We all know 3D printing is taking over the world, but wouldn’t it be nice to know which costumes are using this technique? Joe Kucharski recently featured a detailed presentation from 3D Printing for Costume Design and Technology at The United States Institute for Theatre Technology on his blog Tyranny of Style. I’m thanking him now for sharing these detailed images, which really show how this tool is escalating. Joe, Lisa Hanusiak (Disney), and Heather Milam (Indiana University) served on the panel, and I encourage you to check out the actual presentation on the blog.
The picture above is from “Into the Woods” by Baylor University. As you get closer to the costume, you can notice the raised details of mushrooms and bean shaped buttons. It looks as though it sprung from some freshly spaded soil. Of course, the magic comes from 3D printing and the use of free programs like Sculptris and Meshmixer.
Prometheus was a movie that I finally saw this year, and I had no idea the helmets were printed. The work was done by FBFX in the UK, who specialize in costumes and armour, especially for the movie industry. You’ll find some pretty hefty titles on their portfolio and their description of the work for this project makes me even more appreciative of the design.
Key to the success of final design was the shape of the clear dome of the helmet. As the units evolved we created a dome which was elliptical when viewed from the front but circular in profile. This shape would prove technically very challenging to produce needing to be both optically clear and shatter proof.
Definitely give their site a visit as there is even more detail on the LEDs, LCD screens and other electronic components involved with this costume.
Another great example of helmets are those done in Ender’s Game by Christine Clark. I found more detail from the LA Times.
Clark and her team took a digital scan of each actor and fed it into a computer program, which overlaid the helmet design onto the scanned head shape. They then created an output of that by using a rapid prototyping machine that lays down thin layers of resin and shapes them with lasers.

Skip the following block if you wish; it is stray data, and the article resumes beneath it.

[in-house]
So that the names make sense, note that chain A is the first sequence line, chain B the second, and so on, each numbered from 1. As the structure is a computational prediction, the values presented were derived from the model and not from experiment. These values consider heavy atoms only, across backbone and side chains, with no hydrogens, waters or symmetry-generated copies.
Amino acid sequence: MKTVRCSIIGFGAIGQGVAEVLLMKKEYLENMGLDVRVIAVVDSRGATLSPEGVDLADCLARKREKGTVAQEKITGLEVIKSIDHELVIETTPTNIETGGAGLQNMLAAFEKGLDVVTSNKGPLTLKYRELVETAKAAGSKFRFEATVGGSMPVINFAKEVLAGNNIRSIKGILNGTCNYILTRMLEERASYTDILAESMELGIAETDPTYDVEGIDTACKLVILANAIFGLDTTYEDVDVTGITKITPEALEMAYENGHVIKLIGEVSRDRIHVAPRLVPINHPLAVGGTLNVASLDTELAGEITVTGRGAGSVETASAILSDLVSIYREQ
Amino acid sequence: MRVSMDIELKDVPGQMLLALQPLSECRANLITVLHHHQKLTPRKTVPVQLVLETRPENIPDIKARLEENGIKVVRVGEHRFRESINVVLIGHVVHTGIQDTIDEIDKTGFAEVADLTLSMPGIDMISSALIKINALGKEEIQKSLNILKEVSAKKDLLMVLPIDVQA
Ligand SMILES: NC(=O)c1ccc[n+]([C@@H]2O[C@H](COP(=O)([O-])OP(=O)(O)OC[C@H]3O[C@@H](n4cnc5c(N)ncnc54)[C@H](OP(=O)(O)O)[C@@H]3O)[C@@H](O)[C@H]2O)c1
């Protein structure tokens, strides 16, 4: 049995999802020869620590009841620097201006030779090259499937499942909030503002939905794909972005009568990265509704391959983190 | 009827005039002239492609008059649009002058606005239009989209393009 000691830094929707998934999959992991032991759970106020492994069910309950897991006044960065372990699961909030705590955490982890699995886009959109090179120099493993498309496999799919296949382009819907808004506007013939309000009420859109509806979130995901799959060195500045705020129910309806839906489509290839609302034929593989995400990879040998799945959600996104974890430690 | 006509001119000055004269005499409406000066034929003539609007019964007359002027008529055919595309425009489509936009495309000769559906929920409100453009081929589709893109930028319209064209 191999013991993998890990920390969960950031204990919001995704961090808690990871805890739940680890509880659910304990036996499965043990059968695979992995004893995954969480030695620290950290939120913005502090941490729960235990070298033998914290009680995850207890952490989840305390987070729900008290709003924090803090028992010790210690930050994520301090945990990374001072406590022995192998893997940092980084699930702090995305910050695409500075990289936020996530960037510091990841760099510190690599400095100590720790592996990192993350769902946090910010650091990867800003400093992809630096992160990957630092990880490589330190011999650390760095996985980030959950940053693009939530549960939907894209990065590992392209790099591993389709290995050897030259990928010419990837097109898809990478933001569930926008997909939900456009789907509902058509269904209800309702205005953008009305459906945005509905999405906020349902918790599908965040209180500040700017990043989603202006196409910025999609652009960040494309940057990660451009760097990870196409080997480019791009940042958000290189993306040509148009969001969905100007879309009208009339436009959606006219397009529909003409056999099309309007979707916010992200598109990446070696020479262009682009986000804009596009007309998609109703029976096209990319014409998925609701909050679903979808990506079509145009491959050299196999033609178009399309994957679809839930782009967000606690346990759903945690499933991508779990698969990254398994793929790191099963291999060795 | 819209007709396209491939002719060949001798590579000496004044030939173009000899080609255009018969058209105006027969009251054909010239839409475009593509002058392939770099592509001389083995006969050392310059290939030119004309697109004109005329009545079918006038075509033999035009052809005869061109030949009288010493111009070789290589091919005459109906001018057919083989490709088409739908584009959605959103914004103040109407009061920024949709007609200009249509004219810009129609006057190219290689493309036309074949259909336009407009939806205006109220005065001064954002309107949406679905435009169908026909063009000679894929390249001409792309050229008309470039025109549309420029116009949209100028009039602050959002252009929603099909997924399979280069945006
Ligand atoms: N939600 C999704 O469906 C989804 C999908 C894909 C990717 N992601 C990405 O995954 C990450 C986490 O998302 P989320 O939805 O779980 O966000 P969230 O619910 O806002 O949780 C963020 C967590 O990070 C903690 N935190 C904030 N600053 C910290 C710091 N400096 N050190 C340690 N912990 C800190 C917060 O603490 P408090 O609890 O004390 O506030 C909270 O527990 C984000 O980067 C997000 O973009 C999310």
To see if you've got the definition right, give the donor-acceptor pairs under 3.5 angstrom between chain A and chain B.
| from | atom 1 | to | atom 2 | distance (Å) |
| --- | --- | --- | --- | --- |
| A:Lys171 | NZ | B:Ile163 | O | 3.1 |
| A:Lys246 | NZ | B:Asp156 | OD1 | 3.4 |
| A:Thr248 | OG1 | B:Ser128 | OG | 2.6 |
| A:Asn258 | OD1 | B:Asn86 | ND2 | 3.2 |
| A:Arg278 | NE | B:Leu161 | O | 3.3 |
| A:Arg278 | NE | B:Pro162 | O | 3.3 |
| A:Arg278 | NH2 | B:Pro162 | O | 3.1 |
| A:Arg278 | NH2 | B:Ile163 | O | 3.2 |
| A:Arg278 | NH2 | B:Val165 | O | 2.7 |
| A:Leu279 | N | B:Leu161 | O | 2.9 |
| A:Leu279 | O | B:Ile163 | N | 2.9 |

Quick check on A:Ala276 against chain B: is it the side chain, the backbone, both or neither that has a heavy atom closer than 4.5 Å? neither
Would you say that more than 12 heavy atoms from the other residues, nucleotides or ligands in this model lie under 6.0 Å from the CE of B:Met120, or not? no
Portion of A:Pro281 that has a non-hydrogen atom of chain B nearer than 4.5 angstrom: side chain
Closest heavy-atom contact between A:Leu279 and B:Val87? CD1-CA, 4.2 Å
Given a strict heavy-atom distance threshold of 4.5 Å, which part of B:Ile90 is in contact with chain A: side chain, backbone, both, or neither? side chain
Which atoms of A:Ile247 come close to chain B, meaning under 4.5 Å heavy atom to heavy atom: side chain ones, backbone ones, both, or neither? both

As a side note, I didn’t realize that Ender’s Game also had 3D printable ships as a movie promotion on Sandboxr. Talk about taking things full circle!
You’ll find 3D magic is even afoot with these boot soles from Superman. Although it might not seem as magnificent, you should think about the possibilities. This would totally solve the issue of repairing worn shoes, especially those that have plastic for a wedge or heel. The future will probably bring shoes that are component based, where you can purchase the top and bottom in a material and color you prefer. They just need to perfect a rubber-like material for the bottom of the shoe, and that might be able to be ordered on-line as a custom lasercut.
Well, I have to save the best for last, and certainly Disney has the upper hand when it comes to technology and costume design. This is their Raven mask, which I have covered previously in another post. Notice the lace-like detail and how well it fits the actor in the end. These technologies are allowing for a custom fit that can be re-created, which is quite handy when you think about the wear and tear that costumes must take, especially parading around Disney’s streets.
After all of this 3D magic, it’s only fair to leave you with a mega wonderful printer–the Type A Machines Series 1. This baby has the largest bed of the printers we carry, making it ready to go for your favorite mask or prop. Here’s our own Ruiz brothers doing a review. Get ready for some 3D fun!
Every Wednesday is Wearable Wednesday here at Adafruit! We’re bringing you the blinkiest, most fashionable, innovative, and useful wearables from around the web and in our own original projects featuring our wearable Arduino-compatible platform, FLORA. Be sure to post up your wearables projects in the forums or send us a link and you might be featured here on Wearable Wednesday!